“On average in the USA, we see that the prices of goods and services rise by 3% per year,” said Michael Hardy, a certified financial planner and vice president at Mollot & Hardy in Amherst, New York. “This means that over a 20-year time period, your $100,000 of retirement savings will likely be worth 60% less in terms of buying power 60% less.”
For those who failed to factor inflation into their retirement calculations, they may need to spend more than they estimated “I find that most people fail to account for this change and it ends up costing them dearly years later,” Harday said.
Along with saving more to prepare for inflation, delaying your Social Security benefits may also be an option. When you wait until 70 to claim Social Security, you can maximize your benefits. The Social Security Administration’s cost-of-living adjustment, which is an inflation-adjustment for benefits, will also be applied to your bigger monthly check. “Now a greater proportion of your income will be inflation-adjusted,” said Dave Littell, professor emeritus of taxation at The American College.
Keep calm and invest on.
The level of inflation is the highest since the 1980s. Higher inflation rates could quickly drop or be a longer term problem.Higher inflation rates could quickly drop or be a longer term problem.
“Retirees are in a tough spot,” Darrell Pacheco, a certified financial planner in Charlottesville, Va., who runs a business helping employees make better financial decisions, told NPR. According to him, people are scared by all the attention paid to inflation.
“And when it comes to folks and their money, we know that high anxiety usually tends to lead us to make bad decisions,” he says. For example, panicking and dumping stocks.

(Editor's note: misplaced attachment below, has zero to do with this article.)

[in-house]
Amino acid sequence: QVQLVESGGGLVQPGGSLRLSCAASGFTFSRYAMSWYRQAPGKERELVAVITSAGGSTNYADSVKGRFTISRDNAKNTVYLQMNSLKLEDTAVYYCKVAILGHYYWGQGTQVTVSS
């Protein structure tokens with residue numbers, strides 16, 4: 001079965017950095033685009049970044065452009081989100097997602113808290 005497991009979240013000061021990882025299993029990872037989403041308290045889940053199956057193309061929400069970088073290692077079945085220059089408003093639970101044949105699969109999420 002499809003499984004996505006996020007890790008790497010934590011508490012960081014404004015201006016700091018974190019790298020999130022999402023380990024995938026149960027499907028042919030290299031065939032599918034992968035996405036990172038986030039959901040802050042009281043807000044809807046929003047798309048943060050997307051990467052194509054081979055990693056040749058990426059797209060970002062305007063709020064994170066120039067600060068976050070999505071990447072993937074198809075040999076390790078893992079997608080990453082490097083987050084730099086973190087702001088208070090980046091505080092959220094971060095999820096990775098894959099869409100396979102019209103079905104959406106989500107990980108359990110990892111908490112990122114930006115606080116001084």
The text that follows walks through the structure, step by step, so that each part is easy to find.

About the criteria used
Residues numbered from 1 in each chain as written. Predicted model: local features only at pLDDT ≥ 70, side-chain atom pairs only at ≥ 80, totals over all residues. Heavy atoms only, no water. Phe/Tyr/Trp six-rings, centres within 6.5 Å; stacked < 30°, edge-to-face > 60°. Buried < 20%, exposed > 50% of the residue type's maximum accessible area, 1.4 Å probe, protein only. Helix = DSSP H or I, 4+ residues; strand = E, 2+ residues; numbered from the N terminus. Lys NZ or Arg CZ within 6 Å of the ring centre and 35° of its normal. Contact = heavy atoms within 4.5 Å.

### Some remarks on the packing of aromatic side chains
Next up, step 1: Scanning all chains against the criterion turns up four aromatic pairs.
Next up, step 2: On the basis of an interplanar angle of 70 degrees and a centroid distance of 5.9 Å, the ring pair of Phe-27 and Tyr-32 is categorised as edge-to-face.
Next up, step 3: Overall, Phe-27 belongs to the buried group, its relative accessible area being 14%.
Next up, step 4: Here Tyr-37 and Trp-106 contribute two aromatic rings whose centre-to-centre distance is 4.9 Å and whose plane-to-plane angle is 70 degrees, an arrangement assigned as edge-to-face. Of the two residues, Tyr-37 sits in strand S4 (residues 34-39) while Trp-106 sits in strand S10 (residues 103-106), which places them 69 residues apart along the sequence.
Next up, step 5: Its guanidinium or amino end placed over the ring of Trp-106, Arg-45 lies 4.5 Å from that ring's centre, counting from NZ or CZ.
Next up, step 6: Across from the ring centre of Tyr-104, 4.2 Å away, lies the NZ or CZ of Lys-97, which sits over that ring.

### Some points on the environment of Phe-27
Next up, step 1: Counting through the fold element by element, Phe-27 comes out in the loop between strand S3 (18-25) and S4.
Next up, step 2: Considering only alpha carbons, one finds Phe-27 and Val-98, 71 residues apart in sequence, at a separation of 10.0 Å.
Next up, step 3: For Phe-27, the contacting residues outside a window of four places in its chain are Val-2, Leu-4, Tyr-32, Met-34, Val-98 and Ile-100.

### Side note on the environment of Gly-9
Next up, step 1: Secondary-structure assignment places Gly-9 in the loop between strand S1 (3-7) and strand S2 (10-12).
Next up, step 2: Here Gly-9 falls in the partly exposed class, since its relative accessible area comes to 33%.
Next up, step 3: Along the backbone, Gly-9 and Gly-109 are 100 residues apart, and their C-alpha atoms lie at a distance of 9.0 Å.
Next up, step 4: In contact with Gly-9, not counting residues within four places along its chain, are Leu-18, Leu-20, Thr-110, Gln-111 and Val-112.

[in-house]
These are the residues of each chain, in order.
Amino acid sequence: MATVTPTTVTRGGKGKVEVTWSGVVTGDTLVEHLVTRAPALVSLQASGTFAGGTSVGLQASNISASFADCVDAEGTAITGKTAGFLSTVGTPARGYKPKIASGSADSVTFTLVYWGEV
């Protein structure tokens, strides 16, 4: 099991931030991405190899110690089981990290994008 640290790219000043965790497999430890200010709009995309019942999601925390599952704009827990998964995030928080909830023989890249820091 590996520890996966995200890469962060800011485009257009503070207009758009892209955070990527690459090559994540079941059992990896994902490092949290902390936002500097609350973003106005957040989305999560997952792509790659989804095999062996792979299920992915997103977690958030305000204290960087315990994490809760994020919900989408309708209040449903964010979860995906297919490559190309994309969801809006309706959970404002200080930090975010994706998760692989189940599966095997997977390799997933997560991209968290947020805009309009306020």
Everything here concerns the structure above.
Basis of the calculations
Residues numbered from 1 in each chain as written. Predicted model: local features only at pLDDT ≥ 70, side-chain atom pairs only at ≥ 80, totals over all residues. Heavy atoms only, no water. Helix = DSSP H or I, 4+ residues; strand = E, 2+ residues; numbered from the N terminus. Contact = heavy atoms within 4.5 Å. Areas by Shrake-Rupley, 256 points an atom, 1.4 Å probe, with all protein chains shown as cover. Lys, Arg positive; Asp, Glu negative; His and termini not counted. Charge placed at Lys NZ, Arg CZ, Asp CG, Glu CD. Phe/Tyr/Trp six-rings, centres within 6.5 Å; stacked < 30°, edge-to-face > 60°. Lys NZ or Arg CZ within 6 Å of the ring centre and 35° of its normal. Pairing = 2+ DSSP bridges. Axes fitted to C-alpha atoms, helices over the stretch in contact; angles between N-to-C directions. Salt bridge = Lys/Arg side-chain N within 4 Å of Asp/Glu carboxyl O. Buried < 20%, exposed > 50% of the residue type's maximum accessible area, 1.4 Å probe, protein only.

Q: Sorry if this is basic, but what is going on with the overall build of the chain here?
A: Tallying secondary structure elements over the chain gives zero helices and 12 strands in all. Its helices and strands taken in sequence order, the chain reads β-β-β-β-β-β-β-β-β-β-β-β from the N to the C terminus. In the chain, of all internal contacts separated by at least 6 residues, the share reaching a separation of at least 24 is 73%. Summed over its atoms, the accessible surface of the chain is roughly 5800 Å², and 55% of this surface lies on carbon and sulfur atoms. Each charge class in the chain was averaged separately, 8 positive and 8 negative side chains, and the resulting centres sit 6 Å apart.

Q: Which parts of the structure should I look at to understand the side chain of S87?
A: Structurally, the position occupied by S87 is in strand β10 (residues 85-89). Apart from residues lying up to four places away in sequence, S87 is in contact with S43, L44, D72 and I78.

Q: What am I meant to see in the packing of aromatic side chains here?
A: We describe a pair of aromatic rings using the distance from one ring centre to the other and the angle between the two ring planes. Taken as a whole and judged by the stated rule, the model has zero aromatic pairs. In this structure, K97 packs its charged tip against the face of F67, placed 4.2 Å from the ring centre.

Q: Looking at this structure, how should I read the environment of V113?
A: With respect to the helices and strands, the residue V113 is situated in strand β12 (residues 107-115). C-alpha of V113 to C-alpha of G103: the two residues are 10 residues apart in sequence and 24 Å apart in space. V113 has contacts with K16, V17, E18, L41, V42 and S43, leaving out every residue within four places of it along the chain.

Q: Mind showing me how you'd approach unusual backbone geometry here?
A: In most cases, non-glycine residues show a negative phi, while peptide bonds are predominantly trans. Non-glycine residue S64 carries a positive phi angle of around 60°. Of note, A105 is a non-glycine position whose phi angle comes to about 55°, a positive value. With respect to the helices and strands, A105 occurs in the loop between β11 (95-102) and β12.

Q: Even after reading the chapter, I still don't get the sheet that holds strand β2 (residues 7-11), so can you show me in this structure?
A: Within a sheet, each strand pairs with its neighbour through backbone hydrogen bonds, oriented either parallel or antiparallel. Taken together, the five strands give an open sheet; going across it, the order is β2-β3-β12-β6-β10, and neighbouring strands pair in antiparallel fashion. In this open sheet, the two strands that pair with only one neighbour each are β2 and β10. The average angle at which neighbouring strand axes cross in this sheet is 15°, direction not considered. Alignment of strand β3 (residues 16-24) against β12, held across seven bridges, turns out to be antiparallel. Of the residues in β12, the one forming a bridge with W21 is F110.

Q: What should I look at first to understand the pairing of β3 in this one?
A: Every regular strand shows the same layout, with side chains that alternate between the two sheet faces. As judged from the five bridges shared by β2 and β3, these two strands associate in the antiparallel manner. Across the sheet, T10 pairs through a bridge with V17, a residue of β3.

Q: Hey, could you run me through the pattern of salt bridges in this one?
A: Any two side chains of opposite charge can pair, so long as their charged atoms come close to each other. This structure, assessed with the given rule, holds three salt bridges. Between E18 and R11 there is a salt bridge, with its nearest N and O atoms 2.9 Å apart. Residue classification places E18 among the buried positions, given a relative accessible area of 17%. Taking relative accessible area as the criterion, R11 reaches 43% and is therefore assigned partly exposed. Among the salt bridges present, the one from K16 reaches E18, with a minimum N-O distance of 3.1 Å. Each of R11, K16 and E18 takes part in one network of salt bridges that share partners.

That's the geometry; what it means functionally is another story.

“Your best hedge against inflation is to remain invested,” Pacheco says. “Period.”
Why? Compared to bonds, stocks have a much higher rate of return over time. Although U.S. stocks have fallen some lately, they’re still up over 10% from a year ago and a lot more since then.
When it comes to retirement savings and investments, Pacheco says, “stick with your plan.”
Are you unsure of whether you invested properly? Investing should consist of a broad mix of investments appropriate for each individual’s age, says Pacheco. Investing in target date funds is one way to make that happen. Investing in target date funds is one way to make that happen. As you age, these may become less risky and can have low fees.
“Target date funds are incredible vehicles … one of the best vehicles ever created,” Pacheco explains. “For many investors, that actually is a great all-in-one option.”
Other investment options? Treasury inflation-protected securities. They’ll keep up with inflation. You can also hedge against inflation with real estate, commodities, and precious metals.
Adopt a sustainable withdrawal rate mentality.
In retirement, the sustainable withdrawal rate reflects the estimated percent of savings that you can withdraw annually without running out of money, explains Fidelity.
By looking at history and simulating multiple outcomes, the experts at Fidelity came to the following conclusion. Ideally, you should withdraw no more than 4% to 5% of your savings in the first year of retirement, and then adjust the amount every year for inflation. This should help to ensure that you are able to cover a consistent amount of expenses in retirement (i.e., it should work 90% of the time).